The Net Benefit of Building Customer Loyalty


 

Times are tough right now.  The housing market is plummeting, the stock market is taking a dive, 401Ks are now roughly 200.5Ks, Chrysler is shutting down for a month and tons of other people are getting laid off.  When money gets tight for me the first thing I clamp down on is the extra spending for movies, shopping and going to professional sports games.  These are generally the first things that go when money gets tight. So how do companies, especially media and entertainment companies, make sure that they keep revenue up? 

 

Take a look at this story posted on ESPN.com in Nov. about how the New Jersey Nets are building fan loyalty.  It goes beyond just giving away free tickets for immediate customer satisfaction.  The organization is helping fans in the long term thus building loyalty.  And I’m pretty sure that if Nets fans are making money, they’ll be spending more on tickets. 

Here are some bullets from the article:

The Nets announced Wednesday they are providing 1,500 free tickets over the next two months to unemployed fans who submit resumes to the team.

Send in your resume, and not only will the Nets give you free tickets to a game, they’ll work with their partners and advertisers to try and find the perfect job for you.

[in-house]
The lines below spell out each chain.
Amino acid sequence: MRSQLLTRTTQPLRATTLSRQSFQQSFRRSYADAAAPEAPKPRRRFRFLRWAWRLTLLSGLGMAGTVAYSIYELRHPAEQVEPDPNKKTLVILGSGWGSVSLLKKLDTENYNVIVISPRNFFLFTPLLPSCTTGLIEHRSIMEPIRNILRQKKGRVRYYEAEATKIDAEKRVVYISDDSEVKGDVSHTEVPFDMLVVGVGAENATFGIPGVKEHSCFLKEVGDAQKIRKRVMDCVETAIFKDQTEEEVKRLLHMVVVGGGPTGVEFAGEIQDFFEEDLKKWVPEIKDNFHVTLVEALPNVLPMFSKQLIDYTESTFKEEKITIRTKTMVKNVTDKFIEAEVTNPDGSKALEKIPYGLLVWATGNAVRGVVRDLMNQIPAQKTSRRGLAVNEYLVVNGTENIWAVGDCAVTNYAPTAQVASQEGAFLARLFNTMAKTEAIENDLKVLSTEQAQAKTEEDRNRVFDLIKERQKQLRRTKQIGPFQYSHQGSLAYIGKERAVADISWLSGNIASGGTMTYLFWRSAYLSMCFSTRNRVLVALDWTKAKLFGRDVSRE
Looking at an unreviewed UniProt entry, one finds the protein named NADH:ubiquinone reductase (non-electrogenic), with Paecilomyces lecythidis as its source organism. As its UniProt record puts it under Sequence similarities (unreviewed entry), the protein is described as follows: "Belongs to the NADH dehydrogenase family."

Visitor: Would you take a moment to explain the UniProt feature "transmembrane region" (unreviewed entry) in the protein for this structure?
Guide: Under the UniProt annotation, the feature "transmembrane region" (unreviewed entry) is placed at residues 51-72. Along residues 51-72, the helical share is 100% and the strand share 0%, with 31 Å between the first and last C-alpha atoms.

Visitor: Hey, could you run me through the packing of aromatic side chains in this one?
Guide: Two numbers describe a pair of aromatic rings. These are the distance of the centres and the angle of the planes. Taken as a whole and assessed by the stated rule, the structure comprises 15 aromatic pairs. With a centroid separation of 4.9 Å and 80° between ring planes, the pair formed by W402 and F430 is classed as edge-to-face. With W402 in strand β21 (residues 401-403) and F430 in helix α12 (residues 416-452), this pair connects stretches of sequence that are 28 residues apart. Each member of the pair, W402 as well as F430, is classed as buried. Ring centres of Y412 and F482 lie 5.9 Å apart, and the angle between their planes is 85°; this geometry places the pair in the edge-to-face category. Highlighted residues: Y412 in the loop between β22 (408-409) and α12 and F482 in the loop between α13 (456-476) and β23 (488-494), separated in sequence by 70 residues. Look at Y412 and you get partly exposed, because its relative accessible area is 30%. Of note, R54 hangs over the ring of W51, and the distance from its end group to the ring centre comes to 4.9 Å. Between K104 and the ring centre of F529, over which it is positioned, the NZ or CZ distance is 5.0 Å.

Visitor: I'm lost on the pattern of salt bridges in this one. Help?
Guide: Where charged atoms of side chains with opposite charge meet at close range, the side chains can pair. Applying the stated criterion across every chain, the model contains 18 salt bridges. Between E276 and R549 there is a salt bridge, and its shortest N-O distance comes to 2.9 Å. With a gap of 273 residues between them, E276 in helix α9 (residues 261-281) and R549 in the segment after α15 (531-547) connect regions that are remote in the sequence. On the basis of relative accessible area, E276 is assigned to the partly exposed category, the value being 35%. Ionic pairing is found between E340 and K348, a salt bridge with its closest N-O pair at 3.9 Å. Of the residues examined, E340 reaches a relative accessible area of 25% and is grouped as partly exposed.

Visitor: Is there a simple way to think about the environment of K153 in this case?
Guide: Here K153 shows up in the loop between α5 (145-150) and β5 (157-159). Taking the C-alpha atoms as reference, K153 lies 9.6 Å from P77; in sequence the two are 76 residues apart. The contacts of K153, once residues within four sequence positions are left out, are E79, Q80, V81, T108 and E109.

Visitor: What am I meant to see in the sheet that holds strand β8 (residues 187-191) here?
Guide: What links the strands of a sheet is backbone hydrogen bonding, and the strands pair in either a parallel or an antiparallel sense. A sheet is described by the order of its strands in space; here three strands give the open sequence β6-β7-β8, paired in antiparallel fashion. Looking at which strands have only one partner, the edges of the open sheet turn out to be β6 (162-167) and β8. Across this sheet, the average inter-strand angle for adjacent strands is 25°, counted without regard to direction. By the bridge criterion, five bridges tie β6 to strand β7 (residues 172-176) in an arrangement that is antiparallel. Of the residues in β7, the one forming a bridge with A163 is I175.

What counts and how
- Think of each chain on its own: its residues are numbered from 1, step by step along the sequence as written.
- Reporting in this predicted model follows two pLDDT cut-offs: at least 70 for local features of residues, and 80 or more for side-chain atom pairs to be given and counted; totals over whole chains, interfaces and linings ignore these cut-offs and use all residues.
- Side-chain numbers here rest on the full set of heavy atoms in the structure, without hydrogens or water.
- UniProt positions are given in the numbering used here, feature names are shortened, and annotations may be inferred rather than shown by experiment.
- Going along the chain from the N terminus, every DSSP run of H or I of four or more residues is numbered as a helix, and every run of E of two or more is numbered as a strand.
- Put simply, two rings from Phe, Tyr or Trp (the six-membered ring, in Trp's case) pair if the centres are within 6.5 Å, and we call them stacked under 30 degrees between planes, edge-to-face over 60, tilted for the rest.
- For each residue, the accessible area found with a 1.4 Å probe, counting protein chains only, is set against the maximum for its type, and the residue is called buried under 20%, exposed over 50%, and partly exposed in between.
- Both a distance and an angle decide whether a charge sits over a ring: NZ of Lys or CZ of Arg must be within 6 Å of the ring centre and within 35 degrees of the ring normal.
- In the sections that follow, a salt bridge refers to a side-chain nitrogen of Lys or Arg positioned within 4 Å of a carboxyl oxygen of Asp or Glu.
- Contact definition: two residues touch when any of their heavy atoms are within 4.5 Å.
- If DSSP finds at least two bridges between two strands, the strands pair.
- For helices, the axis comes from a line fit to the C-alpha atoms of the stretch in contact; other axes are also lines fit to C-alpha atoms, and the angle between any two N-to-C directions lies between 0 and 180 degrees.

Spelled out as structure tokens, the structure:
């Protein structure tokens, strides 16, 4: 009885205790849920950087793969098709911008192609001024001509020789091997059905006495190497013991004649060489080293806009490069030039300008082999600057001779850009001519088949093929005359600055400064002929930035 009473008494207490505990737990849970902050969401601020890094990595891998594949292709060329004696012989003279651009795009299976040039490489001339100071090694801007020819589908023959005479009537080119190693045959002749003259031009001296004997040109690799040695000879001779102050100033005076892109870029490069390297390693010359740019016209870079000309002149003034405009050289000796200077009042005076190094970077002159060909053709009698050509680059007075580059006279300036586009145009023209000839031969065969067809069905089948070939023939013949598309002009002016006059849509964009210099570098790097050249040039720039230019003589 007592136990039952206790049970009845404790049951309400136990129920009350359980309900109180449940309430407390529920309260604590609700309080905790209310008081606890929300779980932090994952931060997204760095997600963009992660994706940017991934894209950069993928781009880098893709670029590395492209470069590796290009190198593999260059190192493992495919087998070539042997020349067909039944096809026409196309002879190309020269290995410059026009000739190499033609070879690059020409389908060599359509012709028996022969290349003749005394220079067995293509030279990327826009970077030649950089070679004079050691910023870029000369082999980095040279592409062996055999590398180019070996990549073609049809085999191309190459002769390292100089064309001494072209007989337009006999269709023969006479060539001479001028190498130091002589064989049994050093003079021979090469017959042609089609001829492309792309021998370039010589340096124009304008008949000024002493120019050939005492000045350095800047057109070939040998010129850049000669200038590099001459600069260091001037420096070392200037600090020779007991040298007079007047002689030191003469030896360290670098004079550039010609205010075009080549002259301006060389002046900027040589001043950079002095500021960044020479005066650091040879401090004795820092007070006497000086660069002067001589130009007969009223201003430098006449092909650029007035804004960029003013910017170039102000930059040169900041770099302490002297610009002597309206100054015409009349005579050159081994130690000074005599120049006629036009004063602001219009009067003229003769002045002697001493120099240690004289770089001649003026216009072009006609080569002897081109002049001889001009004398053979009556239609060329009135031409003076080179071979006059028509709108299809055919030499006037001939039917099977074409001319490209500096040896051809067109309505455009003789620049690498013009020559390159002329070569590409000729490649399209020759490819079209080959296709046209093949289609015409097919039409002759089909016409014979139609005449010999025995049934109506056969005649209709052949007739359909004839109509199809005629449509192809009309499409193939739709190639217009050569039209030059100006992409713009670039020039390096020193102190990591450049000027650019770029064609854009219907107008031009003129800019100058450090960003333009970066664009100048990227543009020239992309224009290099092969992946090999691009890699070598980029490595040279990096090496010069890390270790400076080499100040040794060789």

The NBA team plans to send the resumes to its 120 corporate sponsors and a couple hundred firms that own season tickets.

The Nets also plan to have a career day at the Nov. 22 game with companies setting up informational booths at the arena.

 

My challenge to you is to think long term and about customer loyalty not just the short term profits and customer satisfaction.  Long term thinking will be of a greater benefit to you and your company. 

 

 

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2 Responses

  1. For most companies thinking long term about customer loyalty is a big part of the hurdle in growth. Our research has shown that you can gain a serious loyalty advantage by building strong sticky relationships between you and your customer base. In fact, for every percentage point increase in your customer retention rate from the cross industry average of 74% you will capture a threefold return in revenue over that potential lost dollar. Your employees will spend more time selling to new customers as opposed to trying to replace lost ones.

  2. Absolutely Alex! And another benefit of customer loyalty is that those customers talk to folks which will lead to more qualified leads for you and less time “cold calling” because your loyal customers are telling others and ultimately doing the grunt work for you.

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